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Original Research


K. S. TAMILKODI 1, and Dr. N. RAMA 2.

Vol 18, No 12 ( 2023 )   |  DOI: 10.5281/zenodo.10276427   |   Author Affiliation: Associate Professor, Computer Science, Presidency College (Autonomous), Chennai 1; Principal, Quaid – E – Millath Government College for Women (Autonomous), Chennai 2.   |   Licensing: CC 4.0   |   Pg no: 1-13   |   Published on: 04-12-2023


Just a few years ago, Alexa, ChatGPT, Driverless cars, UAV (Unmanned Aerial Vehicle), Telemedicine, Telesurgery, and so forth were undemonstrative and unapproachable and they were part of science fiction magazines or movies. Today, the rapid advancement of technology transformed individuals' living standards forcefully to a great extent. With the revolution of ICT (Information and Communication Technology), Telemedicine offers remote health care services like Teleconsultation, Teledermatology, Telecardiology, Telepsychiatry, and so on to protect lives or identify ailments. In order to obtain the best services from Telemedicine, the patients, and doctors who reside in geographically separated locations should be authenticated. Telemedicine is a remote access solution that allows patients to connect to any doctors or hospitals around the world within a few seconds by clicking a button. While utilizing it, patients can transfer health-related files and medical images. Compromise of these medical images could affect patient privacy and the exactness of the identification of diseases. Authentication is the most important part of any communication system to secure sensitive information against compromising security goals like confidentiality and integrity. Login credentials (the 'User ID' and 'Password') with the CAPTCHA (Completely Automated Public Turing test to tell Computers and Humans Apart), is considered the most common authentication method. Afterward, a number of Biometric authentication techniques were recommended by the researchers. REACT is a novel hybrid authentication method in which both text and image-based passwords are used. In REACT, biometrics (fingerprint/face/iris/ear) can also be used as cryptographic keys to verify their authenticity and prevent unauthorized access. Chaotic maps are used to encrypt these keys and exchange them between the patient and physician before the actual medical image transmission. REACT is a variant of the Diffie-Hellman key exchange algorithm and it considers important attributes like password update, session key agreement, and mutual authentication. Security analysis exhibits that REACT can withstand known attacks and is efficient in terms of authentication.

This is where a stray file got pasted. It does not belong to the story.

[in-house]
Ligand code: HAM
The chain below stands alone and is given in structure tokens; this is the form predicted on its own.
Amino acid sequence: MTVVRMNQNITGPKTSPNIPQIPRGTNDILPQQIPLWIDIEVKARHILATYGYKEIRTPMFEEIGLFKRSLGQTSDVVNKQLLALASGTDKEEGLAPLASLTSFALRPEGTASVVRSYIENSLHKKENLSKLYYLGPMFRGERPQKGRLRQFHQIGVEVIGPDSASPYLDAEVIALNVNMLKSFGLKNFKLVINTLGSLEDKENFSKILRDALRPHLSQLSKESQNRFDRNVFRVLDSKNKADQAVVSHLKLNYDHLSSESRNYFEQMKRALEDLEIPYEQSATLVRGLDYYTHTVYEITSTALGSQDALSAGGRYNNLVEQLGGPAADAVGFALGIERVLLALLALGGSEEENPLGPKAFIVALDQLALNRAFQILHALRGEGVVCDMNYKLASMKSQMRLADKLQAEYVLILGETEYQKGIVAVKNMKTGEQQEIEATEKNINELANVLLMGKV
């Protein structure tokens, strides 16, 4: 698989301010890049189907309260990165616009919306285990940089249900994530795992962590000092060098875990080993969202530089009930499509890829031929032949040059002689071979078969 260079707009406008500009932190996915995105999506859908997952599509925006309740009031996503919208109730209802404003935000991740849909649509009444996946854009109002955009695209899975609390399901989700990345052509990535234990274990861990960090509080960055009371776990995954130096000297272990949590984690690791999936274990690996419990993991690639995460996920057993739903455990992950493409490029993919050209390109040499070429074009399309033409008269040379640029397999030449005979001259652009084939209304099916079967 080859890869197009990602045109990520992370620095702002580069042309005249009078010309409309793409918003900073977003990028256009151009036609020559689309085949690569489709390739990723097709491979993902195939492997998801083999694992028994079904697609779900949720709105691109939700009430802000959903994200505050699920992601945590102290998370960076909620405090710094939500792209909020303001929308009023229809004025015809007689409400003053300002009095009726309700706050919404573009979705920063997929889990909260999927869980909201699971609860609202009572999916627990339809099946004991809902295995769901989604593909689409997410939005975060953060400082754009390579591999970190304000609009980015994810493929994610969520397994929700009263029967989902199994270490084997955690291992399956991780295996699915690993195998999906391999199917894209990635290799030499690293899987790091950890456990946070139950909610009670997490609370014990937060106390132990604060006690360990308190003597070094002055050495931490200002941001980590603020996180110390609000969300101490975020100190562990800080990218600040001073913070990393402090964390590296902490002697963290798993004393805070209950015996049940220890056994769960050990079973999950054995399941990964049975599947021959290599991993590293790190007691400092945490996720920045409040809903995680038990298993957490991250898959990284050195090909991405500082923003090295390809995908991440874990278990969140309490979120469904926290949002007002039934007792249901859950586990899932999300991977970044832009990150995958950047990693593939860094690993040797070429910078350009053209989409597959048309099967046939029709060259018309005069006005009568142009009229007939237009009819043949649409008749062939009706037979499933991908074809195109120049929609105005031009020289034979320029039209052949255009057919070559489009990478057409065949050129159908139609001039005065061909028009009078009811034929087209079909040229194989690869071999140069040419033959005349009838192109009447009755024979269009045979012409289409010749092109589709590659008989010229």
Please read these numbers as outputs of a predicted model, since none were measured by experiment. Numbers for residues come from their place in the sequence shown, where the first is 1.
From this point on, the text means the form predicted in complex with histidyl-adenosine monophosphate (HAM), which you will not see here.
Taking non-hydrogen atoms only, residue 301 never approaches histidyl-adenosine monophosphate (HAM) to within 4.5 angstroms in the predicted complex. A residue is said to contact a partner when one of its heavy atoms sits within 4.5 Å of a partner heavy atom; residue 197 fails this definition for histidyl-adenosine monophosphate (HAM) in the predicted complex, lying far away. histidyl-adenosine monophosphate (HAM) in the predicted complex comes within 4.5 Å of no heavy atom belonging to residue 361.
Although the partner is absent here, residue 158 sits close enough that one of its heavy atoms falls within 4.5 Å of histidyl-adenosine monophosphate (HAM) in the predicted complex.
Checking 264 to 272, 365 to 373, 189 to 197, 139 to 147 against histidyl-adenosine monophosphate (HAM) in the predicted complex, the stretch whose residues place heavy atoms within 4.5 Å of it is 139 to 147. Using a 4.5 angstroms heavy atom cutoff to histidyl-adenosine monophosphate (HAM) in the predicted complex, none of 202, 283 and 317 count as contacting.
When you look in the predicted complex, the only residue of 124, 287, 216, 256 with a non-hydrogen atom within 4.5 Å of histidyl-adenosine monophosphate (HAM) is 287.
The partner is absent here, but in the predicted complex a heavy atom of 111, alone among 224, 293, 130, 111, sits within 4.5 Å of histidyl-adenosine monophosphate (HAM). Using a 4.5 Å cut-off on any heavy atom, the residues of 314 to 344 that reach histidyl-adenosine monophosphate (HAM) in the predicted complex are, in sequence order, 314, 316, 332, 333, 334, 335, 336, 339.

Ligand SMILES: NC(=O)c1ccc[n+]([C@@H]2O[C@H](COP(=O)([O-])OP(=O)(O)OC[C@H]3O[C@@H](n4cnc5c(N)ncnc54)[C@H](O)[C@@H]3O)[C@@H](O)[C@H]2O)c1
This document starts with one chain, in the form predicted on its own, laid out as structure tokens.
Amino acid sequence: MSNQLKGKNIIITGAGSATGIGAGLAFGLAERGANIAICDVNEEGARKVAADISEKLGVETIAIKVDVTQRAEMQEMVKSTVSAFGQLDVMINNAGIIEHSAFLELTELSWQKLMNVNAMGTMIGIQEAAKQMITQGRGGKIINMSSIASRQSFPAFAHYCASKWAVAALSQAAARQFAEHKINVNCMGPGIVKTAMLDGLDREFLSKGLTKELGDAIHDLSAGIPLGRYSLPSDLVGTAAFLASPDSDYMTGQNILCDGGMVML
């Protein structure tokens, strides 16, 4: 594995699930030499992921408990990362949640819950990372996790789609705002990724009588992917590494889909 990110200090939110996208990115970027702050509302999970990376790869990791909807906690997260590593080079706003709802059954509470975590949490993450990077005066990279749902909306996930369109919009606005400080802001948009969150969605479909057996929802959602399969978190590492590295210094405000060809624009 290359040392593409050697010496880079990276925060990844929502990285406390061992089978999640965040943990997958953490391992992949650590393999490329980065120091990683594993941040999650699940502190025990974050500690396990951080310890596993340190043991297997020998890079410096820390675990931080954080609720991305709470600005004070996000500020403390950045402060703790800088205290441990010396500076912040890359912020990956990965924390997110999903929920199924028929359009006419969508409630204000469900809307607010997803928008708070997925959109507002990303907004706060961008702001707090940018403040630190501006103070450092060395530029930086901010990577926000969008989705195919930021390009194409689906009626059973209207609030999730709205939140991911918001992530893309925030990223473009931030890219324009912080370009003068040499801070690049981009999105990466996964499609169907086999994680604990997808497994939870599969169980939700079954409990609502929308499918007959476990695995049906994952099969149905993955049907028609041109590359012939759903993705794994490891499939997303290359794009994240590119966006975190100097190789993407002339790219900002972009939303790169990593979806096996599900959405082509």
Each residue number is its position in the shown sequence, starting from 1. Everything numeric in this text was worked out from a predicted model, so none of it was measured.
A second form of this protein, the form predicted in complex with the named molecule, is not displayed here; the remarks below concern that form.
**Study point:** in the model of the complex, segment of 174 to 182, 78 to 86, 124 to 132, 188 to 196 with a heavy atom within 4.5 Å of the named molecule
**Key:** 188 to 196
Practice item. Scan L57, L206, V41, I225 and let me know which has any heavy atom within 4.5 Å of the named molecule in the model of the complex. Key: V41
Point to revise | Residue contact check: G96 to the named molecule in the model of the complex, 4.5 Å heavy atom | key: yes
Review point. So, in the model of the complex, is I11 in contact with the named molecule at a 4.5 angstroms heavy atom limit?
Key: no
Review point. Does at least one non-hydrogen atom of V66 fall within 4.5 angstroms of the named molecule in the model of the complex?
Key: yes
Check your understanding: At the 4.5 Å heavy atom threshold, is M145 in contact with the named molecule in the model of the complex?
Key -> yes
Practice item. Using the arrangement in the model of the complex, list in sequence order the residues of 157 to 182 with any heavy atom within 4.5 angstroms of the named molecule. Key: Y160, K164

Telemedicine, Biometrics, Authentication, Chaotic Maps, Image-Based Password.